John Cheever

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John William Cheever was a well-known novelist and short story writer who is widely regarded as one of the twentieth century’s most significant short fiction writers. His writings are primarily set in the vicinity of Manhattan, Massachusetts, and Italy. His fictional plots frequently centered on the duality of human nature, manifested as internal conflicts within a single character or conflict between two characters who personify polar opposite aspects of the human personality. Along with human nature, he explored the theme of nostalgia for a bygone era. ‘The Enormous Radio’, ‘Goodbye My Brother’, ‘The Country Husband’, and ‘The Swimmer’ are among his most popular short stories. Though he is best known for his short fiction, he also wrote the popular novel ‘The Wapshot Chronicles,’ which was nominated for a National Book Award. He was born into a prosperous family and enjoyed an idyllic childhood until the Great Depression struck and his father lost his prosperous business. Things began to deteriorate, and his family suffered greatly. John was expelled from school as a child, and as a result, he wrote his first published short story, ‘Expelled.’ After years of struggle, he established himself as a writer but succumbed to alcoholism, impairing both his personal and professional life.

Childhood & Adolescence

He was Frederick Lincoln Cheever’s second child with Mary Liley Cheever. His father was a prosperous shoe salesman who provided a comfortable upbringing for his children. The business, however, suffered during the Great Depression.

In 1926, he enrolled at Thayer Academy and transferred to Quincy High in 1928. He returned to Thayer in 1930 but was expelled. Cheever published a story titled ‘Expelled’ about his expulsion in ‘The New Republic’.

His family’s financial difficulties persisted, and his parents divorced. This was a particularly trying and mentally taxing time for him. Later in life, his parents reconciled, and he reestablished contact with them.

Career of John

For a time, he traveled between Manhattan, Saratoga, Lake George, and Quincy. He possessed few material possessions and lived as a nomad, despite the fact that he continued to write.

In 1935, ‘The New Yorker’ purchased his story ‘Buffalo’ for $45. This was the first of numerous stories he would submit to the newspaper. From 1935 to 1941, Maxim Lieber was his literary agent.

In 1938, he began working in Washington, D.C., for the Federal Writers’ Project. He was dissatisfied with his work and left after a year.

He enlisted in the army during World War II in 1942. Throughout this time period, he continued to write. In 1943, he published his first collection of short stories, ‘The Way Some People Live.’ The book received a mixed response from critics.

By the end of the war, he was married and had a family. He relocated to Manhattan with his family following the war. In 1946, Random House Publishing advanced him $ 4,800 to resume work on his novel, ‘The Holly Tree.’ He began writing the novel prior to the war.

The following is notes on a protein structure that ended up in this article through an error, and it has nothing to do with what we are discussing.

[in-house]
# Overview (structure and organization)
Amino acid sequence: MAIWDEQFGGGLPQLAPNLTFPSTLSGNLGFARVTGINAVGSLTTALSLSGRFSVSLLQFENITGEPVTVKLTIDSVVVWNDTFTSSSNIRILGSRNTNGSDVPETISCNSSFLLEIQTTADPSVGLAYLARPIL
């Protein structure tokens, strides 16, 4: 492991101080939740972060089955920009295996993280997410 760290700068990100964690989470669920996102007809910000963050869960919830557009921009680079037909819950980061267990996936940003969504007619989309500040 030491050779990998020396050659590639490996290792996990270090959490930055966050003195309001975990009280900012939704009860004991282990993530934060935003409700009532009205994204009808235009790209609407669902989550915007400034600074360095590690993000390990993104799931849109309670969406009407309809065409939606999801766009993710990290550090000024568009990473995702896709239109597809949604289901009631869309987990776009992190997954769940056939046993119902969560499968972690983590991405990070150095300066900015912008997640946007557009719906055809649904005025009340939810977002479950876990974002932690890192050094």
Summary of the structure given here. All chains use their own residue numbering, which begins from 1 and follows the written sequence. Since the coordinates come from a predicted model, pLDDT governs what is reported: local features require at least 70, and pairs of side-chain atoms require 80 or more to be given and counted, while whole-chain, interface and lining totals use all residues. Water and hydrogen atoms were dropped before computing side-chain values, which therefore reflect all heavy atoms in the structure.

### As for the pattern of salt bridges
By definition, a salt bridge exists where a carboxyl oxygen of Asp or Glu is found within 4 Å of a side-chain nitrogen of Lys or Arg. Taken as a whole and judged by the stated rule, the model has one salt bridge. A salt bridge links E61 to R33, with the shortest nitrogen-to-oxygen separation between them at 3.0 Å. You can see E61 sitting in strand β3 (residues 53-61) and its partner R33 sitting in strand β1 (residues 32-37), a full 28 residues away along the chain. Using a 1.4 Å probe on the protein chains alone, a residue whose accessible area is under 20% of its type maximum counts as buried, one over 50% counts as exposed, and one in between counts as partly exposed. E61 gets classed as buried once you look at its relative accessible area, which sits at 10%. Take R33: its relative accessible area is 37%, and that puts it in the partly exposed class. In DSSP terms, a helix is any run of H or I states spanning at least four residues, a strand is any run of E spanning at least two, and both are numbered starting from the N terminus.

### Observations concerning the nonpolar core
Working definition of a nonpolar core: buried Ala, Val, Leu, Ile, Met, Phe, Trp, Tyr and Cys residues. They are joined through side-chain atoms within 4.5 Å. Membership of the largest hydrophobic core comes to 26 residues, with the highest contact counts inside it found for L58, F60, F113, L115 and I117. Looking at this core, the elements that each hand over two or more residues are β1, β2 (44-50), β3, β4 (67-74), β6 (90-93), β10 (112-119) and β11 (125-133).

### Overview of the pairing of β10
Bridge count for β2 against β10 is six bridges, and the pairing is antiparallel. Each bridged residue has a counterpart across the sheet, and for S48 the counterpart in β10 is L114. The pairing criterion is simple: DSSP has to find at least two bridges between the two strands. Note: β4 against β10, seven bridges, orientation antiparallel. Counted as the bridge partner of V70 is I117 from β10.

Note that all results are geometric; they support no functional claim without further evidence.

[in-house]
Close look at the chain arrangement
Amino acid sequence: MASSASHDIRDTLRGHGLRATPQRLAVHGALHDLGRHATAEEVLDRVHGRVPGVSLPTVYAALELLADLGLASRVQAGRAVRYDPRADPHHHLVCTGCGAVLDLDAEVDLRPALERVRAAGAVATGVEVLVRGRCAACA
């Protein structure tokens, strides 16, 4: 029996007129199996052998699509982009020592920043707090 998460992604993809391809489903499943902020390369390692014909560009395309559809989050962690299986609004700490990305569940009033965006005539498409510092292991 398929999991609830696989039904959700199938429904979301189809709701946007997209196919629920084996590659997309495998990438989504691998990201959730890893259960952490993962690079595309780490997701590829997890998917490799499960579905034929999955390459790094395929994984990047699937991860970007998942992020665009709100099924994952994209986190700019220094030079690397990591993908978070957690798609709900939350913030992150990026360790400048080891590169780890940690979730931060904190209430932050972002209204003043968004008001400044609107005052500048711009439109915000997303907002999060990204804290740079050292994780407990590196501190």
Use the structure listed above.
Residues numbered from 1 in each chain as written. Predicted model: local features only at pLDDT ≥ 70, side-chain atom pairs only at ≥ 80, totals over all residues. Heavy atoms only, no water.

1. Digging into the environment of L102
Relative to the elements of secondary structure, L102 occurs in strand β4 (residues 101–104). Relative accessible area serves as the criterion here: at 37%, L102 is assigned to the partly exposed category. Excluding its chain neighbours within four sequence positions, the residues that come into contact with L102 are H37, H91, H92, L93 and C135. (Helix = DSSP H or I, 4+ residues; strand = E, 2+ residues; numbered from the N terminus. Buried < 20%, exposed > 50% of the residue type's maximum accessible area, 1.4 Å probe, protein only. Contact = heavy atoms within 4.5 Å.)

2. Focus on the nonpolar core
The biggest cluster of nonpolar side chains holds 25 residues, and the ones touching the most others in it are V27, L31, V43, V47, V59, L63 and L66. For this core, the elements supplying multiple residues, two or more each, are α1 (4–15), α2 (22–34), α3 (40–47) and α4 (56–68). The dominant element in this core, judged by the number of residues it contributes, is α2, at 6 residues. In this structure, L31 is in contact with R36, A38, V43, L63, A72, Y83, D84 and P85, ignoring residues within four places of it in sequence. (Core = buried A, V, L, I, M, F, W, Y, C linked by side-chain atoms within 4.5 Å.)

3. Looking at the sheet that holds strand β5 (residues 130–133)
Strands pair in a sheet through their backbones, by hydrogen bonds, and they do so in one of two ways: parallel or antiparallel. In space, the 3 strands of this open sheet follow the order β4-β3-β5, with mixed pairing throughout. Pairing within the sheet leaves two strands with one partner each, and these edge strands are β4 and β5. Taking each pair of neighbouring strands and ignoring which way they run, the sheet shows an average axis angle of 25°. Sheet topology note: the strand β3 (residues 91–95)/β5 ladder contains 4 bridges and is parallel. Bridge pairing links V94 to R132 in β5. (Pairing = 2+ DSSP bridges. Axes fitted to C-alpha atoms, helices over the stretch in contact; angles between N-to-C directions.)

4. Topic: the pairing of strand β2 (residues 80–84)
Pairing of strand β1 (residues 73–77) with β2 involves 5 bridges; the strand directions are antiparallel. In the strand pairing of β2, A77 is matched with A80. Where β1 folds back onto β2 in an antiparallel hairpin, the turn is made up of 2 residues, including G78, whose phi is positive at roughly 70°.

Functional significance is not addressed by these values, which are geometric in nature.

In May 1947, he published his short story ‘The Enormous Radio’ in an issue of ‘The New Yorker. The story of a sinister radio that broadcasted private conversations between individuals quickly gained popularity.

He began work on a lengthy story titled ‘The Day the Pig Fell into the Well’ in 1949 but did not publish it for another five years.
In 1951, he completed his story ‘Goodbye, My Brother.’ The following year, he was awarded a Guggenheim Fellowship. In 1953, he published ‘The Enormous Radio,’ a collection of short stories that received positive reviews.

He completed ‘The Wapshot Chronicle’ in 1956. A few years later, in 1964, he published ‘The Wapshot Scandal,’ which received rave reviews.

In 1964, his short story ‘The Swimmer’ was published in ‘The New Yorker’s’ July issue. In 1966, the novel was adapted into a film starring Burt Lancaster and featuring a cameo appearance by the author.

While he was gaining popularity, the pressures of celebrity were beginning to wear on him. He developed an alcoholism problem, and his marriage suffered as a result of his personality disorders. He was also persecuted by society for his bisexuality.

His career suffered for a few years before reviving in 1977 with the novel ‘Falconer.’ It quickly rose to the top of the New York Times Best Seller list. His next book, ‘The Stories of John Cheever,’ was published in 1978 and quickly became one of his most popular works.

Significant Works of John

His best-known work was a collection of short stories titled ‘The Stories of John Cheever.’ It contained several of his most popular works, including ‘The Enormous Radio,’ ‘Goodbye, My Brother,’ ‘The Country Husband,’ and ‘The Swimmer.’ It was the recipient of several prestigious awards.

Awards and Accomplishments

John Cheever’s collection of short stories, ‘The Stories of John Cheever,’ was awarded the 1979 Pulitzer Prize for Fiction and a National Book Critics Circle Award.

In 1982, the American Academy of Arts and Letters presented him with the National Medal for Literature.

Personal History and Legacies

In 1941, he married Mary Winternitz. The couple was blessed with a son and a daughter. He was a recovering alcoholic, which had a negative impact on his health, personal life, and professional career.

He later enrolled in New York’s Smithers Alcoholic Rehabilitation Unit and never drank again. He was diagnosed with cancer in 1981 and died in 1982 after the disease ravaged his entire body.

Estimated Net worth

The net worth of John is $10million.